The Arab Conquests (Hardback)Justin Marozzi (author)
- Coming soon
The story of the seventh and eighth-century Muslim conquests, when armies inspired by the new religion of Islam burst out of Arabia to build the Islamic Empire.
By the time of his death in 632, the Prophet Mohammed had united the feuding tribes of Arabia at the point of his sword. In the decades that followed, armies inspired by the new religion of Islam burst out of Arabia to subjugate the Levant, Southwest and Central Asia, North Africa and the Iberian Peninsula.
The Arab Conquests lasted until 750, by which time several generations of marauding Muslim armies had carved out an Islamic empire, soon to be centred on Baghdad, which in size and population rivalled that of Rome at its zenith, extending from the shores of the Atlantic in the west to the borders of China in the east. In the process they had completely crushed one great empire (the old empire of Byzantium), and hollowed out another (that of the Iranian Sasanids).
These conquests of the seventh and eighth centuries represent one of the greatest feats of arms in history. Justin Marozzi charts their lightning progress across the Middle East and vast tracts of Asia and explains how an unknown and radically militant faith swept out of the Arabian desert to change the world for ever.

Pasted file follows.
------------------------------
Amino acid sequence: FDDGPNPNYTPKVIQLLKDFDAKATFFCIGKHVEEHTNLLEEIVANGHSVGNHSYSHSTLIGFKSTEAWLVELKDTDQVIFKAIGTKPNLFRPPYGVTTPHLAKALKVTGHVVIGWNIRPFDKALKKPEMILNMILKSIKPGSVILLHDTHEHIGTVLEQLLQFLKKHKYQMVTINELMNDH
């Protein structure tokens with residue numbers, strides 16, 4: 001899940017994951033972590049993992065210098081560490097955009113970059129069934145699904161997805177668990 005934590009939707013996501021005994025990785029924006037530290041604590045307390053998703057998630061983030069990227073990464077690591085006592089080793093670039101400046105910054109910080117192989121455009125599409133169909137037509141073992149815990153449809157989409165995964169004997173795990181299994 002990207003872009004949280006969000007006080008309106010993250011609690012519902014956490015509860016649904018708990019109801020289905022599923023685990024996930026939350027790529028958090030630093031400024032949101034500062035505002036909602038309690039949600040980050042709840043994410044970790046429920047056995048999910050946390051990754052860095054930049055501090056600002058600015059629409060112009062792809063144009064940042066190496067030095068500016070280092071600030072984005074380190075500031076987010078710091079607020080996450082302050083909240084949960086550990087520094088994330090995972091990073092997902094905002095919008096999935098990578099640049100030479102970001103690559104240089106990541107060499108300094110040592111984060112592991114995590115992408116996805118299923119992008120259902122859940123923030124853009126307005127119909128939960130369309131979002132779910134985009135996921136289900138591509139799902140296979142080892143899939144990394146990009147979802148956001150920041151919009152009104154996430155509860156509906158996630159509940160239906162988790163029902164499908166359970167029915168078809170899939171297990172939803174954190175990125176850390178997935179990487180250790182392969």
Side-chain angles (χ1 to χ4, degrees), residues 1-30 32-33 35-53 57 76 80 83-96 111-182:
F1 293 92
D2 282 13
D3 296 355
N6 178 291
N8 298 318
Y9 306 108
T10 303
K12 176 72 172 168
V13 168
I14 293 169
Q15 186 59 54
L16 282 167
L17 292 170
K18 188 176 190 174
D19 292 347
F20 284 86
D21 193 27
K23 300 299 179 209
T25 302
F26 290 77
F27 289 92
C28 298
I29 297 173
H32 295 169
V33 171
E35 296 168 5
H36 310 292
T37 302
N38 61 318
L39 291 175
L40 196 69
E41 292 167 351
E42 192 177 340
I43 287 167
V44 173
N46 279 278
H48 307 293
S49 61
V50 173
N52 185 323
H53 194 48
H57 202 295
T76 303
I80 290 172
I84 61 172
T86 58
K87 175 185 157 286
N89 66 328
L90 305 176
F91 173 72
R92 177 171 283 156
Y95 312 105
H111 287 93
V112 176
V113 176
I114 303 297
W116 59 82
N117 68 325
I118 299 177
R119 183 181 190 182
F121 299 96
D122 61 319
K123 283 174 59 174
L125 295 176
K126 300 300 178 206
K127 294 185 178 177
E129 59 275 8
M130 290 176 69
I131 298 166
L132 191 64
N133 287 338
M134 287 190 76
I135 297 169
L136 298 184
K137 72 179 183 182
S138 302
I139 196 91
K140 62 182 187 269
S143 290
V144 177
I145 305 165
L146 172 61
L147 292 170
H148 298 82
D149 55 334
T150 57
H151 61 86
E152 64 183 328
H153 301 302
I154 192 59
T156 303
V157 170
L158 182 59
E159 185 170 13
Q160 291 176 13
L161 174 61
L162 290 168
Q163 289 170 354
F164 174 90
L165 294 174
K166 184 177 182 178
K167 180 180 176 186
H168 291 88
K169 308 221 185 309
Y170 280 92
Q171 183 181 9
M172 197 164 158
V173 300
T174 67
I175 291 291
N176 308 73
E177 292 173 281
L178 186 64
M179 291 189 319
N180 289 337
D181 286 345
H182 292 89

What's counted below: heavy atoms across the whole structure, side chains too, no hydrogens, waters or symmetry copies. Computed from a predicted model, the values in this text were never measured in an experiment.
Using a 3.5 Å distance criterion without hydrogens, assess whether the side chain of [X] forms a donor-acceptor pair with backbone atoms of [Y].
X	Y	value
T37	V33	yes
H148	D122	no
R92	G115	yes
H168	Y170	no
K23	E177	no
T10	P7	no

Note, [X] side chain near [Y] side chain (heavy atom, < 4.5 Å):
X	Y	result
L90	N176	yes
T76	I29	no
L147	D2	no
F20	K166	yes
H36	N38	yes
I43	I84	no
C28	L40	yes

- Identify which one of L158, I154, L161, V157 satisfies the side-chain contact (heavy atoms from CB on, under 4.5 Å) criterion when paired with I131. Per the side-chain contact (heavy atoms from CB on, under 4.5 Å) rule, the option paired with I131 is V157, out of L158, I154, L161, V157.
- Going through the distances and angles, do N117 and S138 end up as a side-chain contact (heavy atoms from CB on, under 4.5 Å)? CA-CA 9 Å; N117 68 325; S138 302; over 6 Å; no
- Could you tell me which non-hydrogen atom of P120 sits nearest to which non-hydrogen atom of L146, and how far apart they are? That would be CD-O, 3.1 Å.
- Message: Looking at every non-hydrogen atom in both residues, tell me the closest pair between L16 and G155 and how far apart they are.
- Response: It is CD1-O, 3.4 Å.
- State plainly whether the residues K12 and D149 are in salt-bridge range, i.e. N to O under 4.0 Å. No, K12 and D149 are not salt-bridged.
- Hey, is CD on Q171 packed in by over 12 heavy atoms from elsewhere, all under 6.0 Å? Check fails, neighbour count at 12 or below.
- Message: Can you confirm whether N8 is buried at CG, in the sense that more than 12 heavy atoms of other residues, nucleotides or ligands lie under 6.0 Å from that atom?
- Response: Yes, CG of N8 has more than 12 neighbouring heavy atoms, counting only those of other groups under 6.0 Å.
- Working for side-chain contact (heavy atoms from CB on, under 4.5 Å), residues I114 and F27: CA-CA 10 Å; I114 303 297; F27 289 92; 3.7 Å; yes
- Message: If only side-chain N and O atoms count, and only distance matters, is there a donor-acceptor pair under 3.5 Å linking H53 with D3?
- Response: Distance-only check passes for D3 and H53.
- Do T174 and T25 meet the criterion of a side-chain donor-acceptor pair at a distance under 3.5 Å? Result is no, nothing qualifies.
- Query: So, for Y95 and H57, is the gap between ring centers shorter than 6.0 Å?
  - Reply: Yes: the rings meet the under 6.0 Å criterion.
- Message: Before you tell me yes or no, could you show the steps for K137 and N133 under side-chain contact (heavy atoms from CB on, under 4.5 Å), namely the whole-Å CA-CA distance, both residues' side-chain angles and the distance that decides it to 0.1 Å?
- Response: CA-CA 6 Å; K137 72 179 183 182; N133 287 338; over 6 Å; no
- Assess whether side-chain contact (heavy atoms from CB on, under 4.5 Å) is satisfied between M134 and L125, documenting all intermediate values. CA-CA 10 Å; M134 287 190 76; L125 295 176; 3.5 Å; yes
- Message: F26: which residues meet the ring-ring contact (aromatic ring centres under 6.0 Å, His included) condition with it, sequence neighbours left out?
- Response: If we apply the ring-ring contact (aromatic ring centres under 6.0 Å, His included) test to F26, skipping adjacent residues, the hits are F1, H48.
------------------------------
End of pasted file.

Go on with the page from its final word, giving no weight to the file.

Publisher: Head of Zeus
Number of pages: 256
Dimensions: 200 x 135 mm
'Confirms Marozzi as a writer of real distinction and charm' Sunday Telegraph, on The Man Who Invented History.
'Justin Marozzi is that most precious rarity: a serious traveller who is also a real writer, with a wonderful feel for language, a gift for narrative and an enviable sensitivity and lightness of touch' William Dalrymple on South from Barbary.
'He celebrates the wonders of the world with a life-grabbing energy that is never less than infectious' Tom Holland on The Man Who Invented History.
'Outstanding ... Justin Marozzi is the most brilliant of the new generation of travelwriter-historians' John Adamson, Sunday Telegraph, on Tamerlane.
'It is refreshing to read a book on Islam by someone who combines profound erudition with emotional intelligence and empathy ... Lively, limpid and graceful' -- Avi Shlaim, Financial Times, on Islamic Empires
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